For the design challenge, the agencies asked companies to develop electrified systems that don’t require specialized technicians to put in place, cost no more than $3,000 per unit, and can operate in cold climates, meaning when outside temperatures hit 0 degrees Fahrenheit or below. The challenge also involves replacing old, leaking windows in public housing apartments with new windows designed to better accommodate the heat pumps and prevent air from escaping.

We’re looking for something that is simple to install and is easy to maintain,” Doreen Harris, president and CEO of NYSERDA, told Canary Media from Woodside Houses. But it’s also able to be installed in a way that has no disruption to tenants.” 

Brick apartment building with trees outside
Residents in Woodside Houses, Queens, lost heat and hot water after Hurricane Ida flooded the public housing complex in 2021. (Gov. Hochul)

She added that, while the 30,000 heat pumps will increase electricity use in the city’s buildings, the agencies don’t expect that local grid infrastructure will need upgrades to handle the extra demand.

Initially, Gradient and Midea America will develop 60 heat pumps, which they’ll install in dozens of apartments during the fall of 2023 and monitor throughout the winter months. After the trial period, the companies expect to ramp up production and deploy thousands of units in 2024.

Vince Romanin, CEO of Gradient, said the San Francisco–based startup’s technology can curb planet-warming emissions in two ways: by shifting buildings away from fossil-fuel heating sources, and by using an alternative refrigerant. Most air conditioners use a class of coolants called hydrofluorocarbons, many of which are thousands of times more damaging to the climate than carbon dioxide. Gradient’s system uses a refrigerant called R-32, which has a significantly lower global-warming potential.

We wanted to figure out a way to get better refrigerants, and get heat pumps deployed way faster than they were currently on track to be deployed,” Romanin said of his company’s window-straddling units.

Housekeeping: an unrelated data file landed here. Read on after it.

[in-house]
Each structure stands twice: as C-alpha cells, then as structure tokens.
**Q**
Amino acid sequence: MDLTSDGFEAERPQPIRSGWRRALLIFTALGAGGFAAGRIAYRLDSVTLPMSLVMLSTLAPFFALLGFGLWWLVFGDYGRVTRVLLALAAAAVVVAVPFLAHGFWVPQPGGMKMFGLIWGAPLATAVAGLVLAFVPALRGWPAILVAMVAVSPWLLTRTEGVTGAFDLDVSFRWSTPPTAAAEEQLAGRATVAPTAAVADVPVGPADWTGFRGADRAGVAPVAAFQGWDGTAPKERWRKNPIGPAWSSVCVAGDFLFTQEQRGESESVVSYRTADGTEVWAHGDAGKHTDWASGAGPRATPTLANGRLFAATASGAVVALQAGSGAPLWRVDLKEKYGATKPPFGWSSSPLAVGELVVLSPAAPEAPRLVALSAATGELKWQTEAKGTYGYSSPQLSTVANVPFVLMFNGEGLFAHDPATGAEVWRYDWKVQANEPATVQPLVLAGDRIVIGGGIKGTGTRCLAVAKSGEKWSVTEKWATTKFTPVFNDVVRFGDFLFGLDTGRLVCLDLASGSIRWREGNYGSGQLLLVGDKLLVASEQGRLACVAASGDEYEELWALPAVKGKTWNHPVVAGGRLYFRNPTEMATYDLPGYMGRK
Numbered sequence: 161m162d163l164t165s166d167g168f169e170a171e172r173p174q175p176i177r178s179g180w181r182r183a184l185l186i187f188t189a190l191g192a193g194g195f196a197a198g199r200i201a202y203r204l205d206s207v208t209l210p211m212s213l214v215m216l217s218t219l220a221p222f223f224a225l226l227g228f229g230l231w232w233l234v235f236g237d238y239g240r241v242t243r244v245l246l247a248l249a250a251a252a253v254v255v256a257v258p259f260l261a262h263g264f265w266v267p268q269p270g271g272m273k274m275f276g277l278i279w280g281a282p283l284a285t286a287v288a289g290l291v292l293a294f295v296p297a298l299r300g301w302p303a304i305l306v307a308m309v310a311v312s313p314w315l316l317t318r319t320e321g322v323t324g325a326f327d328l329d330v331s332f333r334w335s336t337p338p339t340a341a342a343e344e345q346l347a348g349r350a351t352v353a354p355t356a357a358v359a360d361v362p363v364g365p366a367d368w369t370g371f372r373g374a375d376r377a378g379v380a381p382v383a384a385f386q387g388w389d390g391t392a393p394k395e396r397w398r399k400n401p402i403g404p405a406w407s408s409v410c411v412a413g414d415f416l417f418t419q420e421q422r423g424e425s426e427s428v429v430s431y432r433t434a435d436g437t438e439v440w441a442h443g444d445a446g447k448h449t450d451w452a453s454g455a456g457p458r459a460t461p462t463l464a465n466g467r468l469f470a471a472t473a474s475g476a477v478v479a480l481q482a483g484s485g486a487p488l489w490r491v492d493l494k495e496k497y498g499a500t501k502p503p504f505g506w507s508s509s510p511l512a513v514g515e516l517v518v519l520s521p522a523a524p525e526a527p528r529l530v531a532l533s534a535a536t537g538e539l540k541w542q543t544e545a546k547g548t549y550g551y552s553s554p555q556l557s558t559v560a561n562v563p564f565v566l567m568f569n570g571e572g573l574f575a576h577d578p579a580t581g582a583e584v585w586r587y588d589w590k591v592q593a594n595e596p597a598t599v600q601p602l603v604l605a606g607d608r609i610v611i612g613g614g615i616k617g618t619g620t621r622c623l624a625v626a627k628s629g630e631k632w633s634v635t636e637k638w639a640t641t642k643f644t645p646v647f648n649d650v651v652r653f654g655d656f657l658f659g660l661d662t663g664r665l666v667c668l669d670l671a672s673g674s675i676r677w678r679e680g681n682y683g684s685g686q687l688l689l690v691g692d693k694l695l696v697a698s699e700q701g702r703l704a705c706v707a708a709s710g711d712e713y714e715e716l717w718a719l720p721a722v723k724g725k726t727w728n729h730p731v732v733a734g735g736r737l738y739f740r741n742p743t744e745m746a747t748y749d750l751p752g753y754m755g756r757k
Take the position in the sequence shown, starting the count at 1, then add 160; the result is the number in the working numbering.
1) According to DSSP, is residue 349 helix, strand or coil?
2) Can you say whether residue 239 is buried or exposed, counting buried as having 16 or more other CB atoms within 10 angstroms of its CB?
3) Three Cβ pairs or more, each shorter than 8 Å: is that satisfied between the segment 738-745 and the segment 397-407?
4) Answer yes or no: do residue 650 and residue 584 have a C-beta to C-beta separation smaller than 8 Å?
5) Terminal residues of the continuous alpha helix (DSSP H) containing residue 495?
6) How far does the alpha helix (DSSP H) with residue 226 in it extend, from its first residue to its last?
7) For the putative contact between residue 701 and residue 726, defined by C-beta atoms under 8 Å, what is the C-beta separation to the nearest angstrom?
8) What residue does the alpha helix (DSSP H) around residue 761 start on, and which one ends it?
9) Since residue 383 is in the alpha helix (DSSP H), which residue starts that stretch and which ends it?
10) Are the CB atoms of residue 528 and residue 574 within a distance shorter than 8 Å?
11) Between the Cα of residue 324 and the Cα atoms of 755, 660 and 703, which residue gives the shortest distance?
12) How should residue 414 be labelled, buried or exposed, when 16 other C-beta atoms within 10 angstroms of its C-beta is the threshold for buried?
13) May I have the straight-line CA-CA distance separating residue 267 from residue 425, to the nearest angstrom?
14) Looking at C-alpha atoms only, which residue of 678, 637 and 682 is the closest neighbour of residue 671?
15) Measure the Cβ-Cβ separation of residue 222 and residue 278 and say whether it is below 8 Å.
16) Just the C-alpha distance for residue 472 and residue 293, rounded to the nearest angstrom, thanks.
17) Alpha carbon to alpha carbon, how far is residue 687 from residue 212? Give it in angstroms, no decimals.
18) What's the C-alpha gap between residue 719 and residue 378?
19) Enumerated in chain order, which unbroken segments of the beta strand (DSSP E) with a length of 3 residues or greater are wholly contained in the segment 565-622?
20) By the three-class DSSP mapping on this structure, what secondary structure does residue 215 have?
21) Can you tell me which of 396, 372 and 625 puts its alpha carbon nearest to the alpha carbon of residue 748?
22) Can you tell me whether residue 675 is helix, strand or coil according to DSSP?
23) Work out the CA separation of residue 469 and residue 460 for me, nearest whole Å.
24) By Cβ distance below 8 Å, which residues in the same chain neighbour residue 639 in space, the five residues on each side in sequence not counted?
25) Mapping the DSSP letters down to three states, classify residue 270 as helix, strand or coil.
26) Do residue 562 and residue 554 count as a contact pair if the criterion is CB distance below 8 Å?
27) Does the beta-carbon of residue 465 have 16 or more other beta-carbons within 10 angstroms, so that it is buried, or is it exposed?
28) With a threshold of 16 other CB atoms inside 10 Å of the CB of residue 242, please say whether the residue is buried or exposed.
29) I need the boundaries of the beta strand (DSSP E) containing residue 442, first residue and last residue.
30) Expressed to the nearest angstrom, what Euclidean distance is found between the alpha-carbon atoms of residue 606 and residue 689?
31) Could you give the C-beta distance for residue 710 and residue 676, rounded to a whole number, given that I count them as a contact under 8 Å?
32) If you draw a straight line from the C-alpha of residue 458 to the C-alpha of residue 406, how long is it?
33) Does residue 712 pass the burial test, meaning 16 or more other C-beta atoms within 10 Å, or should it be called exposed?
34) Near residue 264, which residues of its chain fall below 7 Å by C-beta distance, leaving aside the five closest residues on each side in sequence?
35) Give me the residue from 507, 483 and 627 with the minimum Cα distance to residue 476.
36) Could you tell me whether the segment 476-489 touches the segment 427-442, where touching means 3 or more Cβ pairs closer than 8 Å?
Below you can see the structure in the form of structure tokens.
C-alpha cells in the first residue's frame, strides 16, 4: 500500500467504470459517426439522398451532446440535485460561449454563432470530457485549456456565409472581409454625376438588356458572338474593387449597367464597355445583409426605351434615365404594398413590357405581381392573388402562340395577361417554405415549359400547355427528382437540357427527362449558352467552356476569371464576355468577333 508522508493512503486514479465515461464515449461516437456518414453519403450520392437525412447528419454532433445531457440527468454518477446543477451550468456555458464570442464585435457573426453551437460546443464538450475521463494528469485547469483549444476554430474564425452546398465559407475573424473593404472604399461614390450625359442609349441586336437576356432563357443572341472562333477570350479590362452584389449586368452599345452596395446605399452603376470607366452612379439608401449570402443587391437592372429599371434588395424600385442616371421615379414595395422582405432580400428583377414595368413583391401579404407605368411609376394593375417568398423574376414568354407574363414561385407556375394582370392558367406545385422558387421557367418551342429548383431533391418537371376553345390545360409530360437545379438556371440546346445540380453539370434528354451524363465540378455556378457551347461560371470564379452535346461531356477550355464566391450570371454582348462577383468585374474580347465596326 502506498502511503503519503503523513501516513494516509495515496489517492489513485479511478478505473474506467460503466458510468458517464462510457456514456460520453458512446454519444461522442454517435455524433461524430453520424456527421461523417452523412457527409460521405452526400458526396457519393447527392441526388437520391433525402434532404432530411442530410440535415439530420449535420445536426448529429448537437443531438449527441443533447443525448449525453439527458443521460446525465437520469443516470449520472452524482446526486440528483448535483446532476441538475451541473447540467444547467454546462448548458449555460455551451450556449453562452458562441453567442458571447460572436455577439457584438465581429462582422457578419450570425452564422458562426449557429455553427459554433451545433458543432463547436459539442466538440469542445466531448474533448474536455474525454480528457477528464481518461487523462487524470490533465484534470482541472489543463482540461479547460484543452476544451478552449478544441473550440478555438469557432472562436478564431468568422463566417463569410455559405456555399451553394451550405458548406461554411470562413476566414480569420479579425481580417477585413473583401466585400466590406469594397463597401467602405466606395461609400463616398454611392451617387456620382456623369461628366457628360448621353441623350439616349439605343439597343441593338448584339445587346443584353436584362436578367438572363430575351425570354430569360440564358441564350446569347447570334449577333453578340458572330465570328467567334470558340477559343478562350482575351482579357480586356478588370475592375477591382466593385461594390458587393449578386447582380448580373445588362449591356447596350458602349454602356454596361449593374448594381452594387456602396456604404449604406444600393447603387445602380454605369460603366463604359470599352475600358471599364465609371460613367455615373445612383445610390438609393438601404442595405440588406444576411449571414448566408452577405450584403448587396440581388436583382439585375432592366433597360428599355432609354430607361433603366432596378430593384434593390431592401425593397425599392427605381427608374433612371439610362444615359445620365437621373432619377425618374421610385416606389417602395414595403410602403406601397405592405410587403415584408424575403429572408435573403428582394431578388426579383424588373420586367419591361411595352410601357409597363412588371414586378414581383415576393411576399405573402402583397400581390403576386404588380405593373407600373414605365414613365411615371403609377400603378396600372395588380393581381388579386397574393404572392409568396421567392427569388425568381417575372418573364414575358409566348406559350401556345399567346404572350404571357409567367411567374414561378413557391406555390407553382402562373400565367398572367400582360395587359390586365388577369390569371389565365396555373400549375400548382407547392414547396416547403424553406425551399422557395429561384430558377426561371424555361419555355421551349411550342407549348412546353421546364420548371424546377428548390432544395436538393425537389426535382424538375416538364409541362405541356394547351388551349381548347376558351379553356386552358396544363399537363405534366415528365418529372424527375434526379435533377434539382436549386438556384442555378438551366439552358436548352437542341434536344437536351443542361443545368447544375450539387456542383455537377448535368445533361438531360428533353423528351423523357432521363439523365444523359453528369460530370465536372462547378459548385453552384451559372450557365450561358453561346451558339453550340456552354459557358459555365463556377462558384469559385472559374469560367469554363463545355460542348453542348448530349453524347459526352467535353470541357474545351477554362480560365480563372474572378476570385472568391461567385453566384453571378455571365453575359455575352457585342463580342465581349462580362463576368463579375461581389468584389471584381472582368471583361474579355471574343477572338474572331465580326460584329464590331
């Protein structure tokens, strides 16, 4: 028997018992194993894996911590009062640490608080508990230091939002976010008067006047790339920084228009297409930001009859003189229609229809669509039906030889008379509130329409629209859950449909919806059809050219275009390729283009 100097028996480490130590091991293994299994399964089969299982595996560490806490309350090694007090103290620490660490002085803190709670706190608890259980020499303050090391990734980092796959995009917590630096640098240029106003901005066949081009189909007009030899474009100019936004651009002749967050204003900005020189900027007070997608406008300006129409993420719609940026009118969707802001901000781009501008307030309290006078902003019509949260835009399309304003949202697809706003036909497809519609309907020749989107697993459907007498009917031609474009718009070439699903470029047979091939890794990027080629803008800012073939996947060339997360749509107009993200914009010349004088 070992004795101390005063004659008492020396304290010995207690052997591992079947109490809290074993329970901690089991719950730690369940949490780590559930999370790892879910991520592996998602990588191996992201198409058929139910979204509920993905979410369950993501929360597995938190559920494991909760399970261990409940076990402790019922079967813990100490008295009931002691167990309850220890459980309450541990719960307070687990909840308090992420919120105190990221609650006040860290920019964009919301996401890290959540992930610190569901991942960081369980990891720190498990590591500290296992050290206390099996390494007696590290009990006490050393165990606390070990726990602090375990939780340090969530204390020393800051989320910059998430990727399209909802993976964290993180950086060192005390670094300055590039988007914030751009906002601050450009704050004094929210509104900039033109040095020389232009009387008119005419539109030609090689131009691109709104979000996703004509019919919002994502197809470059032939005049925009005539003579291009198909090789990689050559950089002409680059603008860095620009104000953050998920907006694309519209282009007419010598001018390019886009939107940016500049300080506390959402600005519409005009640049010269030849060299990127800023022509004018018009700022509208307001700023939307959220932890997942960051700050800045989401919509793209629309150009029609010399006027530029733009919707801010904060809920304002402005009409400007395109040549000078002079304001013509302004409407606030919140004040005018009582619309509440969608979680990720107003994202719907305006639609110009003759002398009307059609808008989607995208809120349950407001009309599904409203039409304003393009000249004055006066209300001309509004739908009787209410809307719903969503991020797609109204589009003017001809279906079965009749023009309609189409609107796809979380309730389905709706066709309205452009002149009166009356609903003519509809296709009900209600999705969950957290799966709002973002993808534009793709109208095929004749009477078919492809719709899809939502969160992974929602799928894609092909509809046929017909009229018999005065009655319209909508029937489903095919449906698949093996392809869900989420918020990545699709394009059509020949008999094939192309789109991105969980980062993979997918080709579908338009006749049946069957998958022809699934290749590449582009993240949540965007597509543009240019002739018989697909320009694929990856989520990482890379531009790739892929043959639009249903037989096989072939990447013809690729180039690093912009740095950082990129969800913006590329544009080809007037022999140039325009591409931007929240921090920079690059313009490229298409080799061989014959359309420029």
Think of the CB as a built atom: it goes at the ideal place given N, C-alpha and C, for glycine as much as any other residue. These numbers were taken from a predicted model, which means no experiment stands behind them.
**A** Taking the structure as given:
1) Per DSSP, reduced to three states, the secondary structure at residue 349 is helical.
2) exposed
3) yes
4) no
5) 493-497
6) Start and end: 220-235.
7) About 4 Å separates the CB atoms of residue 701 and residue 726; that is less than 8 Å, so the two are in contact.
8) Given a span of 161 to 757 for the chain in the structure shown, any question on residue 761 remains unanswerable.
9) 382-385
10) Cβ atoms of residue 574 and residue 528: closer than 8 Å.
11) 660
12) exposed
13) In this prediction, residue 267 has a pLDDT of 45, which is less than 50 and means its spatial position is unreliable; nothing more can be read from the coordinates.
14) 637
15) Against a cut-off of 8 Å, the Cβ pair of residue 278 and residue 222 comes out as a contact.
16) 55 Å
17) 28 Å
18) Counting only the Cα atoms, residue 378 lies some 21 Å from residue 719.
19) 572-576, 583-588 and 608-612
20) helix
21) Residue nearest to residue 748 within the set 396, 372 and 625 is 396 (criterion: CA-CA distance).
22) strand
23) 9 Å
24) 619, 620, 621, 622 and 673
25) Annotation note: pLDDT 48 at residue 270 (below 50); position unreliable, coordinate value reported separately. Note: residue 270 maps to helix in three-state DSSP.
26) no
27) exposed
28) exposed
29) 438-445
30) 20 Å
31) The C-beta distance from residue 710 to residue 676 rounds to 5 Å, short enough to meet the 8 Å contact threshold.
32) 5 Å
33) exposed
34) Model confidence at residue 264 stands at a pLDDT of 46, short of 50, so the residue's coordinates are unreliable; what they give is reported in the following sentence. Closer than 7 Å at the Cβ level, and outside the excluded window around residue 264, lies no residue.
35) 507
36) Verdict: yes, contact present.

And the reason wasn’t just because of carbon emissions — it’s a public health issue,” he added. People need access to air conditioning to protect against the worst effects of heat waves,” just as they need a reliable source of heating to protect against potentially deadly winter temperatures.

heat pump in a window
A Gradient window heat pump. (Gradient)

Gradient is already developing a $2,000 window heat-pump unit that’s designed to supplement an apartment’s main heating system. For New York, the company is designing a slightly larger unit with a higher heating capability that can cover an apartment’s full heating needs and is built specifically for cold climates.

NYC public housing needs billions of dollars’ worth of repairs

While the novel heat pumps could make life more comfortable for apartment dwellers, they only scratch the surface when it comes to fixing the city’s public housing properties. 

NYCHA has said it would cost more than $40 billion to fully restore and renovate all of its buildings, many of which are plagued by toxic mold, lead paint, burst pipes, pest infestations and elevator outages. The agency must change every single piece of equipment that it currently has,” Greg Russ, NYCHA’s chair and CEO, said at the Tuesday ceremony.

At Woodside Houses, an elderly woman pushing a metal shopping cart expressed frustration following the event, which was also attended by New York City Mayor Eric Adams (D). The resident, who declined to give her name, said her stove had been without gas for weeks, and the complex was still relying on temporary boilers installed in the courtyard after Hurricane Ida — large green tanks bracketed by wood planks. When are they going to fix those things?” she asked.

For all the fanfare this week, it will still take another couple of years for a sizable number of residents to start seeing the benefits of the new electric heat pumps. 

Harris of NYSERDA said that focusing on public housing properties for the Clean Heat challenge is key to ensuring the equitable development of climate-fighting technologies like heat pumps.

Starting here is the most critical part of it all,” she said at the event in Queens. We need to realize the benefits here, perhaps more so than other places, because of the fact that these communities have not always been served in the same way as others.”

Maria Gallucci is a clean energy reporter at Canary Media, where she covers hard-to-decarbonize sectors and efforts to make the energy transition more affordable and equitable.